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UN head gives Europe blunt message on ‘integration’ and immigrants

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Secretary-General Ban Ki-moon addresses the European Parliament in Strasbourg, France. Source: UN News

There are times when the United Nations gets it right, and this is one of thise times. The UN Secretary General Ban Ki-moon has delivered a ringing statement to the rightists of Europe, against what he called a new “politics of polarization”.

His statement comes in the week following the extraordinary and unconscionable declaration by Angela Merkel, chancellor of Germany, that multiculturalism has failed in Germany and so has integration of foreigners. Ban’s statement, contained in two addresses – to the European Parliament and to the Council of Europe – also comes a month after Nicholas Sarkozy’s government in France deported several thousand Roma to Bulgaria and Romania.

Ban warned Europe against a new “politics of polarization”, discrimination and intolerance over immigration, with Muslim immigrants as primary targets. “Almost seven years ago, my predecessor Kofi Annan stood before you,” he told the 27-nation European Parliament in Strasbourg, France. “In his address, he made an impassioned call for Europe to seize the opportunities presented by immigration and to resist those who demonized these newcomers as ‘the other’. I wish I could report, today, that the situation in Europe has improved over the intervening years. But as a friend of Europe, I share profound concern.”

In a speech earlier to the 47-nation Council of Europe, he highlighted the Universal Declaration of Human Rights’ proclamation of the equal and inalienable rights of all members of the human family. “That is our base line,” he declared at the session marking the 60th anniversary of the European Convention on Human Rights. “That is our standard. There are no exceptions. In a complicated and connected world, this mission is essentially simple and simply essential.”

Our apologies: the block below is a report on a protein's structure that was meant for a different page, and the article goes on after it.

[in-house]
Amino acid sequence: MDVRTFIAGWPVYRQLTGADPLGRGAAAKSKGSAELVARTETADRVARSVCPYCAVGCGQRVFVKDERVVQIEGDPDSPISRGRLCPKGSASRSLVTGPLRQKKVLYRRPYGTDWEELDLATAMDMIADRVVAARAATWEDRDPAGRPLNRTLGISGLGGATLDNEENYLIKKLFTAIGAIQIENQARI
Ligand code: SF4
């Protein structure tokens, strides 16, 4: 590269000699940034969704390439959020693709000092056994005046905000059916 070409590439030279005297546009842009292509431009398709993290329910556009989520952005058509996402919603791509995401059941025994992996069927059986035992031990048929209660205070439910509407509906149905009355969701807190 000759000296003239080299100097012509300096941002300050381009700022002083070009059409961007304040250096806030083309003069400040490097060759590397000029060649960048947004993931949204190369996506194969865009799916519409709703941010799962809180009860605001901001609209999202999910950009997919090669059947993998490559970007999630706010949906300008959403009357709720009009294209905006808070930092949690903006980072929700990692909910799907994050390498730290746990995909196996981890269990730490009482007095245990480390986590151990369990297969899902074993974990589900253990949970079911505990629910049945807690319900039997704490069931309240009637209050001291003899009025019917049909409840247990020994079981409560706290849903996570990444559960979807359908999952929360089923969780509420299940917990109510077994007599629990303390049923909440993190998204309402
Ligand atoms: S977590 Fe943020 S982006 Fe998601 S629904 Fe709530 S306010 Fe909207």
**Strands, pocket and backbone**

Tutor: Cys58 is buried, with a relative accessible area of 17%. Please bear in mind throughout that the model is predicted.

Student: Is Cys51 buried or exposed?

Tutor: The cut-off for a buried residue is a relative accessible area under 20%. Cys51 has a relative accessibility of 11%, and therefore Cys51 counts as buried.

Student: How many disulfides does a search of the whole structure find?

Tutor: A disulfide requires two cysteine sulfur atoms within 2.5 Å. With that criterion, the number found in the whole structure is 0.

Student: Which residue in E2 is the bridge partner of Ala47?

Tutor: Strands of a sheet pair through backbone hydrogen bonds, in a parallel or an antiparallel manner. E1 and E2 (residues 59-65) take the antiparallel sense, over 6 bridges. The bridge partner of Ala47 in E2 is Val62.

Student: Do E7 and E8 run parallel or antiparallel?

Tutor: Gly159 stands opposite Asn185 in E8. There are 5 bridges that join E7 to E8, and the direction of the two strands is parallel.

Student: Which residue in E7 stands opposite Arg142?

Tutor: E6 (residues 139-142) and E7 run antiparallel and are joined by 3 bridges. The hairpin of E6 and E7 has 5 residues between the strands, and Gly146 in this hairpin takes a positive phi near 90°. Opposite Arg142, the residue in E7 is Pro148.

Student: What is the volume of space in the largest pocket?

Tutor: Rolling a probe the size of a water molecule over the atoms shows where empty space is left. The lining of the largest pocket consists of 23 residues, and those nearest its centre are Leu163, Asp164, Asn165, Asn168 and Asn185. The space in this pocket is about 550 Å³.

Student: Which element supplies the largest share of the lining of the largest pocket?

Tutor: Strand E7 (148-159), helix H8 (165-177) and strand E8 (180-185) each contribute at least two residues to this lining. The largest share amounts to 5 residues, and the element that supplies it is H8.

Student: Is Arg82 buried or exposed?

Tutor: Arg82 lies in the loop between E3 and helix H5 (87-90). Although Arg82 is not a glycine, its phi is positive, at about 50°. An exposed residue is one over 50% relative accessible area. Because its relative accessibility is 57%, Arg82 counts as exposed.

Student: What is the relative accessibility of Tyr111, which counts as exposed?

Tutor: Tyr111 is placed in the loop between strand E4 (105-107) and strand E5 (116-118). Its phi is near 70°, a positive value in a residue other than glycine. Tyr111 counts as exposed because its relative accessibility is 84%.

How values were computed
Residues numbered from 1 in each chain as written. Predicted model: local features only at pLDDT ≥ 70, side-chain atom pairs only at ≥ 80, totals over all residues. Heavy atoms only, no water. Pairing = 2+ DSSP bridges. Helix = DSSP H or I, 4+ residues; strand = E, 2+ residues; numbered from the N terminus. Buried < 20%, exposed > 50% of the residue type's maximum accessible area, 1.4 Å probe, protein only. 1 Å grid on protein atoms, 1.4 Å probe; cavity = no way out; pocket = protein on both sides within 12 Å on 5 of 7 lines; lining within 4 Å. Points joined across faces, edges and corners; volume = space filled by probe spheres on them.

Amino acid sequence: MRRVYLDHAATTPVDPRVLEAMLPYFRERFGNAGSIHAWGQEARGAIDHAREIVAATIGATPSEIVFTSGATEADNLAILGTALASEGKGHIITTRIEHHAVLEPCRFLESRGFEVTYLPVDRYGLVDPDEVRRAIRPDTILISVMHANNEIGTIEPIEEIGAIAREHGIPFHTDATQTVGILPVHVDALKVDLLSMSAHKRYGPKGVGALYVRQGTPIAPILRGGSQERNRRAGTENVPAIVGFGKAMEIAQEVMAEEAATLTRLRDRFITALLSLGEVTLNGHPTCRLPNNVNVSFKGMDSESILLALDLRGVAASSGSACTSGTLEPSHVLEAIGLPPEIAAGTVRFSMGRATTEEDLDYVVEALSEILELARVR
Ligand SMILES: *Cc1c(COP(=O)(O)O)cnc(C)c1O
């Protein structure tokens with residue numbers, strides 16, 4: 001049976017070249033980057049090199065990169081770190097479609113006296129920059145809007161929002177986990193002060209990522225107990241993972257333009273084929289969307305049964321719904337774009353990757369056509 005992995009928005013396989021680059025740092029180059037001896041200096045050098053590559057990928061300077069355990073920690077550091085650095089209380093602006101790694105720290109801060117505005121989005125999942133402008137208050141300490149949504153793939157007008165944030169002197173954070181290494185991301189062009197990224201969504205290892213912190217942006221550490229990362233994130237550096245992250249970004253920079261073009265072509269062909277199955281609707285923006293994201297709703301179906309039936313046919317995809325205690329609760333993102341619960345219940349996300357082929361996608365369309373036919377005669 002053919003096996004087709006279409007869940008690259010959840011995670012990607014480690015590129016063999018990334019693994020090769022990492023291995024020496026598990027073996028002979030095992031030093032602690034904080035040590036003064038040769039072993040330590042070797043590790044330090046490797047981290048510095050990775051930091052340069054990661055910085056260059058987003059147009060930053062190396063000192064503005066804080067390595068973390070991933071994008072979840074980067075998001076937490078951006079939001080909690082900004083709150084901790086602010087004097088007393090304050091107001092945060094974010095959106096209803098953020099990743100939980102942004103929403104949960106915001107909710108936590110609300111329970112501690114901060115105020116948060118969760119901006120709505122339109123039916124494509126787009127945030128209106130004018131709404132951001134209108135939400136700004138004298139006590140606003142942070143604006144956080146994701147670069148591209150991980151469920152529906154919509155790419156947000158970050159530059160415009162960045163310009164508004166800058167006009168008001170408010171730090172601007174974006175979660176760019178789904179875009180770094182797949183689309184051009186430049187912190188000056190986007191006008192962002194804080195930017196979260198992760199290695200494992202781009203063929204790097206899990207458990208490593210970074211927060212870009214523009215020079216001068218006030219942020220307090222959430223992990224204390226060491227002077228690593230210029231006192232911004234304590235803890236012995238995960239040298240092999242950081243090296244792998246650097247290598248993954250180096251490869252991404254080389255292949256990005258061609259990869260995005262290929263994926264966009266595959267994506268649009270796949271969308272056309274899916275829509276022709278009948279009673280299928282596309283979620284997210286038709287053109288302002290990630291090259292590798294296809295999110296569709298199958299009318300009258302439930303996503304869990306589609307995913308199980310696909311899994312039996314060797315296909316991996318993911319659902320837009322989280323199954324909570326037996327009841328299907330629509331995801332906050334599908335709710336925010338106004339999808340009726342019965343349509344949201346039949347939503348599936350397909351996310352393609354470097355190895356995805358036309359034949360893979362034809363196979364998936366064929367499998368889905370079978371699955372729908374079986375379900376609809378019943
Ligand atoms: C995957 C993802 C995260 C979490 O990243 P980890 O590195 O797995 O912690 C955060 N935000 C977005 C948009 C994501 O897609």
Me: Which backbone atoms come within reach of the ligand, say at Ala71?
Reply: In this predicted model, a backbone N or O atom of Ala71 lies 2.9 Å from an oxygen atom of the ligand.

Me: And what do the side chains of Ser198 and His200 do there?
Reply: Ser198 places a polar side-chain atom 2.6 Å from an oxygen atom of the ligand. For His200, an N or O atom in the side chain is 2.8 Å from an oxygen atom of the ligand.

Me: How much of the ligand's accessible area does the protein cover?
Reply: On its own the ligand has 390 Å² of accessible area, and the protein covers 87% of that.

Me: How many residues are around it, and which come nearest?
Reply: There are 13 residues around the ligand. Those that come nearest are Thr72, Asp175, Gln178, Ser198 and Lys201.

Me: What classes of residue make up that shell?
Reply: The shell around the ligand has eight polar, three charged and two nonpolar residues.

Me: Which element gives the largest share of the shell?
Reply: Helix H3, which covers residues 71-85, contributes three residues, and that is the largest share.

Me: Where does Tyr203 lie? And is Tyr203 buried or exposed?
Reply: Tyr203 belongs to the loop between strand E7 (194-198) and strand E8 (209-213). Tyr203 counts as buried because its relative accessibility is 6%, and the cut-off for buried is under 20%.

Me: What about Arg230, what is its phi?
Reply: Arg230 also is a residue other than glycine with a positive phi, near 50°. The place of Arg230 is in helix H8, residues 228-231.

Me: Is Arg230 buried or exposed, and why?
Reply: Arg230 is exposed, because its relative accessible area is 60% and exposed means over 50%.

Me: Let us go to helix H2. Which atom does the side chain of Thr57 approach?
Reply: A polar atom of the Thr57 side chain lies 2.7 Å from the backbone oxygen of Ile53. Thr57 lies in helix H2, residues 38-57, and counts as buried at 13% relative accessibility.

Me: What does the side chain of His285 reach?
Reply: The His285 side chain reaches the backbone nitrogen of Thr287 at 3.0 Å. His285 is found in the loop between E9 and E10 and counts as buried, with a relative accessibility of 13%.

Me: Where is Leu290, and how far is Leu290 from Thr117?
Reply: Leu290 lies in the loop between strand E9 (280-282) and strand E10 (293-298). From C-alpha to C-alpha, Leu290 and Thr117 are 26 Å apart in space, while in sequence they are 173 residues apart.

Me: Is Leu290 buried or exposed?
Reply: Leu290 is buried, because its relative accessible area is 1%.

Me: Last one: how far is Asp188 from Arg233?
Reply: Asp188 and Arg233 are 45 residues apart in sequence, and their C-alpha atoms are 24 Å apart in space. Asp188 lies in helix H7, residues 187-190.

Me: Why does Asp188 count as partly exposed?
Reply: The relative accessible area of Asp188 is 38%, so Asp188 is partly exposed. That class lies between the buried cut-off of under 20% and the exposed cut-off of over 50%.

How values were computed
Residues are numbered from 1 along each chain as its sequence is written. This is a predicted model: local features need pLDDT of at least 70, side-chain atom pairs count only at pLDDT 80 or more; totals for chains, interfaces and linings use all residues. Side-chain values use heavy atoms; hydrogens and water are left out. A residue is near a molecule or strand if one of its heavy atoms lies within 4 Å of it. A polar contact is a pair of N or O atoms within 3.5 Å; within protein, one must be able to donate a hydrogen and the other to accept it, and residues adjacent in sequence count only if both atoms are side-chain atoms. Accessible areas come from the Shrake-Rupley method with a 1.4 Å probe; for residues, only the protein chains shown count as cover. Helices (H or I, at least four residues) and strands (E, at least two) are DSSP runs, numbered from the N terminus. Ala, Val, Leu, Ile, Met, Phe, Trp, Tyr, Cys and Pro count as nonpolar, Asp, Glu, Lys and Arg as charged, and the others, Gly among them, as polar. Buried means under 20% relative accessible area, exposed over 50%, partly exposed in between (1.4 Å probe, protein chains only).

Germany's persistent discomfort with migrants. Image: Deutsche Welle

In his address to the parliamentarians, Mr. Ban said Europe has served “as an extraordinary engine of integration, weaving together nations and cultures into a whole that is far, far greater than the sum of its parts. But for Europe, ‘winning the peace’ was the narrative of the last century. “The 21st century European challenge is tolerance within. Inclusion, building diverse communities, is as complex a task as the one Europe faced after the Second World War. None of this is easy,” he added.

Migrants, he noted, suffer disproportionately, whether they are from within Europe or beyond, and he pointed to “a new politics of polarization” as a dangerous emerging trend. “Some play on people’s fears. They seek to invoke liberal values for illiberal causes. They accuse immigrants of violating European values. Yet too often, it is the accusers who subvert these values – and thus the very idea of what it means to be a citizen of the European Union,” he said.

Ban made particular reference to Germany’s history of right-wing nationalism. “Europe’s darkest chapters have been written in language such as this,” he said. “Today, the primary targets are immigrants of the Muslim faith. Europe cannot afford stereotyping that closes minds and breeds hatred. And the world cannot afford a Europe that does this.” In his address to the Council, Mr. Ban cited evidence of backsliding on civil and political rights and a growing anxiety in many developed countries over migration and economic hard times that are used to justify policies of discrimination and exclusion.